A Fight in Afghanistan
THE HEAVY fighting in Afghanistan during the past week, in which more than 300 people have died, may seem like a sudden eruption to many Americans -- who tend to assume the war there ended, more or less, years ago. In fact, the conflict has been building for some time. Casualties in Afghanistan increased by about 20 percent in 2005, driven by new insurgent tactics such as suicide bombings. As winter waned this year, Taliban fighters were reported to be moving in large numbers into southern Afghan provinces. That movement coincided with the deployment to the region of a new NATO force of 6,000 troops with a mandate to extend government control and take over counterinsurgency operations conducted until now by U.S. forces.
The result is a crucial battle for control of the south -- crucial for both Afghanistan and NATO. A decisive defeat of the Taliban offensive could help consolidate a still-fragile democratic government, and it could validate NATO as a military alliance capable of tackling the security challenges of the 21st century. The Taliban, however, is betting it can prove the reverse: that the new Afghan political order is unworkable and that NATO is a paper tiger that cannot substitute for the U.S. troops being withdrawn.
The first results have been encouraging. Canadian and British troops have fought to clear a Taliban-infested area just 15 miles from the southern city of Kandahar; with U.S. air support, scores of enemy fighters have been killed and several senior commanders captured. A Canadian and two French soldiers have been among those killed in recent fighting, along with one American, who was the 37th to die in Afghanistan this year. Though the appearance of relatively large Taliban formations is itself an alarming sign of the movement's revival, any expectation by its commanders that they could roll over the new NATO units has been shattered.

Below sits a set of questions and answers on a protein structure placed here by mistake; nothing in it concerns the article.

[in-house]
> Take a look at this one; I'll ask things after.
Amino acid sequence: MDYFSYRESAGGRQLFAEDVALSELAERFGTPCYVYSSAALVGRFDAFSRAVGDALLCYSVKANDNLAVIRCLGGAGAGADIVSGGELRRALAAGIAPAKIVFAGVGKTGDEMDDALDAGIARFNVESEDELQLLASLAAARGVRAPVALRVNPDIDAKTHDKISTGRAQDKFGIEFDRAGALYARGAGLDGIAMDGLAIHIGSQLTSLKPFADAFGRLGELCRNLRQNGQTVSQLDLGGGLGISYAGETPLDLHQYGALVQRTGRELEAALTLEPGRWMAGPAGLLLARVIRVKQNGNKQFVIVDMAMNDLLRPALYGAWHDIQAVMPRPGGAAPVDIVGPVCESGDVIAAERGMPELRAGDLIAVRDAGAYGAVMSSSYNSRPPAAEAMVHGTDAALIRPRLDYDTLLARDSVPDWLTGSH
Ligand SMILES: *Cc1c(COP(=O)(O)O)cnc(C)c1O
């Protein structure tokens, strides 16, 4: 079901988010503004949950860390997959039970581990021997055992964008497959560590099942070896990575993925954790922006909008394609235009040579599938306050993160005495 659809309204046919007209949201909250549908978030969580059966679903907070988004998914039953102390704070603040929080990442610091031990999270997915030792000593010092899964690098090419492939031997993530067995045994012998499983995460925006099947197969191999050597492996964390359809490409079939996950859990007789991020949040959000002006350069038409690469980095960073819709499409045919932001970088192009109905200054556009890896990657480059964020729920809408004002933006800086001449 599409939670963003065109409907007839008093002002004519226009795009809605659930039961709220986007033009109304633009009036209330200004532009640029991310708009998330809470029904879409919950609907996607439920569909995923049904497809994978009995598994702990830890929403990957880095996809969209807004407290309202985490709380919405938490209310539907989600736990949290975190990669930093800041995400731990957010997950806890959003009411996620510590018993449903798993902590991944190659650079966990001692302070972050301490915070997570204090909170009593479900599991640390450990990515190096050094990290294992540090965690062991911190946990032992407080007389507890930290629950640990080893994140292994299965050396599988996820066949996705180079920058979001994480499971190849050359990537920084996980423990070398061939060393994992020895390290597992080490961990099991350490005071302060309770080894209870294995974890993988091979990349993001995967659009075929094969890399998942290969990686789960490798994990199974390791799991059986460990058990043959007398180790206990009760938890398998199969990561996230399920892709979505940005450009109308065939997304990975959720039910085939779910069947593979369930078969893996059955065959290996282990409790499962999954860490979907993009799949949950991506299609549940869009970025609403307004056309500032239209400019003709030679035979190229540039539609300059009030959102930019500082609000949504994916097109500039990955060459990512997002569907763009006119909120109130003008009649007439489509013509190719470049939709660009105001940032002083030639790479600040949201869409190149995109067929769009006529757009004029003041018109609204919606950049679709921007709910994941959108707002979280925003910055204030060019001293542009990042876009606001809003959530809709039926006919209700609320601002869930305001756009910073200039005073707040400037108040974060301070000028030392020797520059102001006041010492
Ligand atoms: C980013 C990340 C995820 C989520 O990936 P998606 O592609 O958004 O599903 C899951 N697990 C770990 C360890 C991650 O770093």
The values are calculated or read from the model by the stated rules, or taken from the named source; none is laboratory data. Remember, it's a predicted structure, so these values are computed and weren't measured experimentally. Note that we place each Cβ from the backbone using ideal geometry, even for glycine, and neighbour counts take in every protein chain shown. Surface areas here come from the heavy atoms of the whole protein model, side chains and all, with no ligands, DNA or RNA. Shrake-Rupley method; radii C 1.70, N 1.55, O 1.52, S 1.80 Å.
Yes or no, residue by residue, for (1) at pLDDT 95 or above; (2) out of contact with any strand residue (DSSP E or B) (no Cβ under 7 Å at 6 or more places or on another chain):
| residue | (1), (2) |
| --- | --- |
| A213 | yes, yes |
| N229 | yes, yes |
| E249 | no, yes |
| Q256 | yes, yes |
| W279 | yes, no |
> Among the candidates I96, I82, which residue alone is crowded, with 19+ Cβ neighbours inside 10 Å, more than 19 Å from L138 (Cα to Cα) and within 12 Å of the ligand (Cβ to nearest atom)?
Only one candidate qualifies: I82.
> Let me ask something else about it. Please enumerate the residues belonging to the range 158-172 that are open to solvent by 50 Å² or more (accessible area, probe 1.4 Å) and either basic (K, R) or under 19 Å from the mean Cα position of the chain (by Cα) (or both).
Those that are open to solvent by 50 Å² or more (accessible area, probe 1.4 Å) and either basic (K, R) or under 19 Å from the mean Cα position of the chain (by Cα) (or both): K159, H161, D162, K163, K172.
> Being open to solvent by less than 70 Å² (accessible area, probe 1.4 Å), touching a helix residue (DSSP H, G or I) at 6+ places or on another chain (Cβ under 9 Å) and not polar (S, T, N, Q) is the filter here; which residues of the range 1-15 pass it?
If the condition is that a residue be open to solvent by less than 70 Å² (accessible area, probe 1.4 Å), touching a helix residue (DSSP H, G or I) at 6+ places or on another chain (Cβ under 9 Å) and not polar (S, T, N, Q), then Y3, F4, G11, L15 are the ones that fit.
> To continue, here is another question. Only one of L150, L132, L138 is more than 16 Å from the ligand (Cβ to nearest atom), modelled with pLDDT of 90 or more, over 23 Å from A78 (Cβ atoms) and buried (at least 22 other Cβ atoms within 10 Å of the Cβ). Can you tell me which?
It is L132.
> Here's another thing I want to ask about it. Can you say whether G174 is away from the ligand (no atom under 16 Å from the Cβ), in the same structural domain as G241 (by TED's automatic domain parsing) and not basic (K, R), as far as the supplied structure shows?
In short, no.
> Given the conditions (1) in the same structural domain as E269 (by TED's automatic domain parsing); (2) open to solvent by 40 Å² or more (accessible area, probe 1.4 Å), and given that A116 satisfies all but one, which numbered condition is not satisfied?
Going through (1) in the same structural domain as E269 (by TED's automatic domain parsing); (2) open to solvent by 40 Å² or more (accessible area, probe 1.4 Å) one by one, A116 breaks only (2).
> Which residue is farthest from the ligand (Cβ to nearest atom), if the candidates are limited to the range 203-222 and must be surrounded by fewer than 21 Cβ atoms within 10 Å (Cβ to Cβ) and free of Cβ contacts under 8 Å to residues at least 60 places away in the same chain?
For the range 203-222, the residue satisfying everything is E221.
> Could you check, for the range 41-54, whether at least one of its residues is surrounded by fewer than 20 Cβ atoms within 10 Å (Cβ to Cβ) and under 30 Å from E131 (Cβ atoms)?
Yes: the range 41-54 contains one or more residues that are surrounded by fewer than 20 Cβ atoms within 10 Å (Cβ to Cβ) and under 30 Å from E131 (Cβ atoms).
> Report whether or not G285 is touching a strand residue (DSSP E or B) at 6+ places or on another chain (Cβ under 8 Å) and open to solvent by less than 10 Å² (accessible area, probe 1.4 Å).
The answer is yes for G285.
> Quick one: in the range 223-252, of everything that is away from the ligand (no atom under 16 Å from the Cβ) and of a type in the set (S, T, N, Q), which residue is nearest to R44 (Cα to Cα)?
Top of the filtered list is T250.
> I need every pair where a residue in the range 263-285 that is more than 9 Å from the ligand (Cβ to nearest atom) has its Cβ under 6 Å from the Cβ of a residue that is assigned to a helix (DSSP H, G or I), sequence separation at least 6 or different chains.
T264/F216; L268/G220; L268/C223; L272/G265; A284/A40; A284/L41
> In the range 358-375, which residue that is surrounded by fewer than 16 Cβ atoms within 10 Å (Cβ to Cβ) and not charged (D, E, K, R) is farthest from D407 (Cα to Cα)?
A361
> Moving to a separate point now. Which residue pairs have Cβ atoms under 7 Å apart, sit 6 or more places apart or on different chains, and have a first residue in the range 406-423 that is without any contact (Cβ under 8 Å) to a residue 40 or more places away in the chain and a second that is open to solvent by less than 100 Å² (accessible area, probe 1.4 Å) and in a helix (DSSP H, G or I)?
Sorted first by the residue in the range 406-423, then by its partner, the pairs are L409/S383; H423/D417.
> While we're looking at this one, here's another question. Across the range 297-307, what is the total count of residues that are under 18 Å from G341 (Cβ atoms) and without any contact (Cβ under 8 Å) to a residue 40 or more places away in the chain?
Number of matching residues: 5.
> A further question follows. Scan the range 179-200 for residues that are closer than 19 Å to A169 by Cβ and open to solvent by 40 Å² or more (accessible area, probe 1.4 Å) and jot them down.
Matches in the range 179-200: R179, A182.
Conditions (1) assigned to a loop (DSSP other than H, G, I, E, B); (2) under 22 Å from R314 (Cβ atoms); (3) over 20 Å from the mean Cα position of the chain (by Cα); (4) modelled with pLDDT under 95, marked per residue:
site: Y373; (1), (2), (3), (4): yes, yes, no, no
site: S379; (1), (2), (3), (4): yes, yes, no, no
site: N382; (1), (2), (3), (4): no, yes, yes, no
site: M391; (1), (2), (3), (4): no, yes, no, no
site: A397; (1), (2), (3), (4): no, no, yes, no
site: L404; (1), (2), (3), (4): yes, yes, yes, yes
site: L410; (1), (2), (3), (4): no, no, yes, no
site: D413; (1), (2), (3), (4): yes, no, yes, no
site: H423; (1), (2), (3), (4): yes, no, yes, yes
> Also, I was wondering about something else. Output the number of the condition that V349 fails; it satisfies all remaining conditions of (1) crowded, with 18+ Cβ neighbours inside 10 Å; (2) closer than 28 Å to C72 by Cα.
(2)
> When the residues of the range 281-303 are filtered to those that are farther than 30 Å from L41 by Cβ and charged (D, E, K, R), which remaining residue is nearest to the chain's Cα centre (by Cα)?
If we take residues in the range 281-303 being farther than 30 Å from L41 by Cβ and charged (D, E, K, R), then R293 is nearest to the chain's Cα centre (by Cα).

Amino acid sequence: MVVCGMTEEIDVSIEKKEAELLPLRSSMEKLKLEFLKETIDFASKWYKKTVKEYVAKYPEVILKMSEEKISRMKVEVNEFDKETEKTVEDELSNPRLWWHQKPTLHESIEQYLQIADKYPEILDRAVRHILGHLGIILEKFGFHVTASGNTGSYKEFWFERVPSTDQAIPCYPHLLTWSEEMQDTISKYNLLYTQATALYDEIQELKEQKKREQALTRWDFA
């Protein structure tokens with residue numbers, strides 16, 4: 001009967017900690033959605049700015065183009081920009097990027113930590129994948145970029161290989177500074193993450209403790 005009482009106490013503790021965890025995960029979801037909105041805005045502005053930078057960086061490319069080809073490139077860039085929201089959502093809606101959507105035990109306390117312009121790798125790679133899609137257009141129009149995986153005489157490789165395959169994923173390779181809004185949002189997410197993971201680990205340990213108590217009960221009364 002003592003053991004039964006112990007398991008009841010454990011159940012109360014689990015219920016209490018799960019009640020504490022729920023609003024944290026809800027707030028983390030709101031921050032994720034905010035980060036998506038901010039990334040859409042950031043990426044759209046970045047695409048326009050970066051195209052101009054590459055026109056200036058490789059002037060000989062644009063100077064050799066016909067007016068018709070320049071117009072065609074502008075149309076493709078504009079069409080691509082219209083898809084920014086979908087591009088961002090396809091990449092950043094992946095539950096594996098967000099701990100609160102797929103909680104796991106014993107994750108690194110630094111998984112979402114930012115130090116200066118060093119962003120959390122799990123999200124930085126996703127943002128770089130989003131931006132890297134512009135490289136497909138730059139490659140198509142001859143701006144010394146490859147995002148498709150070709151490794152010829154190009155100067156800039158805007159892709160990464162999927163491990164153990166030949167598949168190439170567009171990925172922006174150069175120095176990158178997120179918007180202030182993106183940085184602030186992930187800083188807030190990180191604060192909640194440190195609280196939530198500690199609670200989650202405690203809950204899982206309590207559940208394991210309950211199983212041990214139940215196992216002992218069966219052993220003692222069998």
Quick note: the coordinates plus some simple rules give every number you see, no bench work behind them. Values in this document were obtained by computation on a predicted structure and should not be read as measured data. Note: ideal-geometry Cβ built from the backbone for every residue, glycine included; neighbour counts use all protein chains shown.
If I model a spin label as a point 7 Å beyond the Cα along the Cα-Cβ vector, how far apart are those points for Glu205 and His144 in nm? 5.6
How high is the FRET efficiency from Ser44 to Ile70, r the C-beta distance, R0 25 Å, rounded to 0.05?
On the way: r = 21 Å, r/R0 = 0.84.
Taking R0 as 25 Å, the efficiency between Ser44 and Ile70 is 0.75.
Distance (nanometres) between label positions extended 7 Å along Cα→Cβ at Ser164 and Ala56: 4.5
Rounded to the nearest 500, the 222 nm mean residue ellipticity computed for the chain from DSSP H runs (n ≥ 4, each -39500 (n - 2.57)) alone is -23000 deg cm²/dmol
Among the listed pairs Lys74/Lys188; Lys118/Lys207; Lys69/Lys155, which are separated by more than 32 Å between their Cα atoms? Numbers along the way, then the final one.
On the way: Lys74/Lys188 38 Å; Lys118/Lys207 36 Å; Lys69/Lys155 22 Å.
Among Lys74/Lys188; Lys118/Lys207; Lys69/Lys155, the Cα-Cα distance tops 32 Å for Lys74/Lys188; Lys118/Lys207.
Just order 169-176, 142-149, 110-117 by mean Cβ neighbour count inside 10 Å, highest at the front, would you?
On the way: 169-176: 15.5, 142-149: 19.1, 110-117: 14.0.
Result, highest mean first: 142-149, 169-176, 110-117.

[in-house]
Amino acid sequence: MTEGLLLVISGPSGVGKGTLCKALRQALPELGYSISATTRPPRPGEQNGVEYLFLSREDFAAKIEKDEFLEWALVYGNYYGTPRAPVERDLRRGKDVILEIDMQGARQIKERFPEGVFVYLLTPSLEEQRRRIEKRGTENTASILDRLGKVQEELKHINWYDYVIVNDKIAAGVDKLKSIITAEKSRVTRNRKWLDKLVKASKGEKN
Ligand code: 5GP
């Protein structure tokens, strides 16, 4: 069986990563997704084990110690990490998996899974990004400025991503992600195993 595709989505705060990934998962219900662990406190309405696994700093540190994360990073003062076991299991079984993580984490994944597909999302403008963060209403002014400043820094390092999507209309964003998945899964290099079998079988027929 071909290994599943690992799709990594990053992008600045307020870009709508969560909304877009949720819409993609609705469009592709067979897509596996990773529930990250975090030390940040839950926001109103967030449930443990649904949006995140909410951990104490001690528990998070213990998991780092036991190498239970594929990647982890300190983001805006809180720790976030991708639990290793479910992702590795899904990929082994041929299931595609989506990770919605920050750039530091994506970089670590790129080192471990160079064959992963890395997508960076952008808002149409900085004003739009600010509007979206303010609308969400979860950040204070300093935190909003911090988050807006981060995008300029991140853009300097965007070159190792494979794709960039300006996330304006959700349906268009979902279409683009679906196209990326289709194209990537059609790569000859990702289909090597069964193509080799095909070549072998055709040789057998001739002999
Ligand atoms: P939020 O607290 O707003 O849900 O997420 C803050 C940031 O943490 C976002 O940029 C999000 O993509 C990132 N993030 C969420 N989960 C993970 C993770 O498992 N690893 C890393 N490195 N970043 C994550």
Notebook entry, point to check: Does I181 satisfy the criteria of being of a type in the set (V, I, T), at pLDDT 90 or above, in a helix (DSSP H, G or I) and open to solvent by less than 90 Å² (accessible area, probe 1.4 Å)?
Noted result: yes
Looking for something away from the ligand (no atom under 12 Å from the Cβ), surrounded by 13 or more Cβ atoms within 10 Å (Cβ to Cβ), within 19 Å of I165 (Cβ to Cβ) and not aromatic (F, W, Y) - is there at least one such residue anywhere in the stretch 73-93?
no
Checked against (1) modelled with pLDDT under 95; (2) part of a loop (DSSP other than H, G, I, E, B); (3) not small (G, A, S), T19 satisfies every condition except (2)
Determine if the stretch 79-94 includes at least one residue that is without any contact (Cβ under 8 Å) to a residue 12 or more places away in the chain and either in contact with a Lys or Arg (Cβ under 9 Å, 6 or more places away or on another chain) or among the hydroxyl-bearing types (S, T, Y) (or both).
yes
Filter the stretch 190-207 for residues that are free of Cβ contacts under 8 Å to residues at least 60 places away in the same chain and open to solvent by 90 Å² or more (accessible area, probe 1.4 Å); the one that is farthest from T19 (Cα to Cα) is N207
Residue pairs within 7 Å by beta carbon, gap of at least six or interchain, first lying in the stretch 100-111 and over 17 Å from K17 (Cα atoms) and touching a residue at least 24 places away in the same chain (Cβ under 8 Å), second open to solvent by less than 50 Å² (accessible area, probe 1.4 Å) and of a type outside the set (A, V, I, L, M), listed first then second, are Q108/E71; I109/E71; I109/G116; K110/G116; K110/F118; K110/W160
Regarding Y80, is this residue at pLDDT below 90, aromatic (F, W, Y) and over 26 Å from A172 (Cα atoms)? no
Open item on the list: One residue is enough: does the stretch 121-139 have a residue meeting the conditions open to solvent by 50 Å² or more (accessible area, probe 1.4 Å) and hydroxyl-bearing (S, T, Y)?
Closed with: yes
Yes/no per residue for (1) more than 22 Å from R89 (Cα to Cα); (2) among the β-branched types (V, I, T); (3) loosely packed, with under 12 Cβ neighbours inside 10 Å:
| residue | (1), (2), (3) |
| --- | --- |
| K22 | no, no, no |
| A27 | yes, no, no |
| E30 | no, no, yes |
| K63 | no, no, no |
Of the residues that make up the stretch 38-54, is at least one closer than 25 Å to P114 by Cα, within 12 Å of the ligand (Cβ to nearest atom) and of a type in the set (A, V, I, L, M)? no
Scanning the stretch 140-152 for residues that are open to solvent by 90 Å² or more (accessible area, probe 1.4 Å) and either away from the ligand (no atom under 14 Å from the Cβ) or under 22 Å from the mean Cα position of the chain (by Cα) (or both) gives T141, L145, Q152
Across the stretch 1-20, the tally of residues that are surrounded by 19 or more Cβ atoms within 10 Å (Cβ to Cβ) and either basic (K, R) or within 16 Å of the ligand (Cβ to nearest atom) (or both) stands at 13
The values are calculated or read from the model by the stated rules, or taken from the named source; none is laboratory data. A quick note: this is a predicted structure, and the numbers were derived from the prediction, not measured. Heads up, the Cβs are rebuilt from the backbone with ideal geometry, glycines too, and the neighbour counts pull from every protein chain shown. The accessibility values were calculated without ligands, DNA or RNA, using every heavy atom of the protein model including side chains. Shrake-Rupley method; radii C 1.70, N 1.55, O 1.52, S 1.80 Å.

The Afghan fighting season, however, is only beginning, and many reports suggest that much of the rural south is now infiltrated by the Taliban. While Canadian and British units have performed well, others have yet to be tested -- including some from countries that intend to limit their mission to peacekeeping and reconstruction. Given the scale of the military challenge, the planned withdrawal of 3,000 U.S. troops from Afghanistan this summer looks increasingly risky.
If the Taliban offensive is to be turned back, the Afghan government and its NATO allies will need some success beyond the battlefield. As Afghan President Hamid Karzai bluntly pointed out last week, the Taliban high command continues to use Pakistan as its main base. The movement cannot be defeated unless it is deprived of that sanctuary -- but Pakistan's ruling military, a former Taliban sponsor, has failed to act decisively against it. The Taliban is also supported by Afghanistan's booming trade in poppies, the raw material of opium, which means more aggressive action is needed against this billion-dollar industry. Finally, the Bush administration needs to press for more economic reconstruction in the south, which has had little improvement since the entry of Western forces nearly five years ago. The U.S.-led effort to transform this onetime base of al-Qaeda is far from over; in fact, it is still just beginning.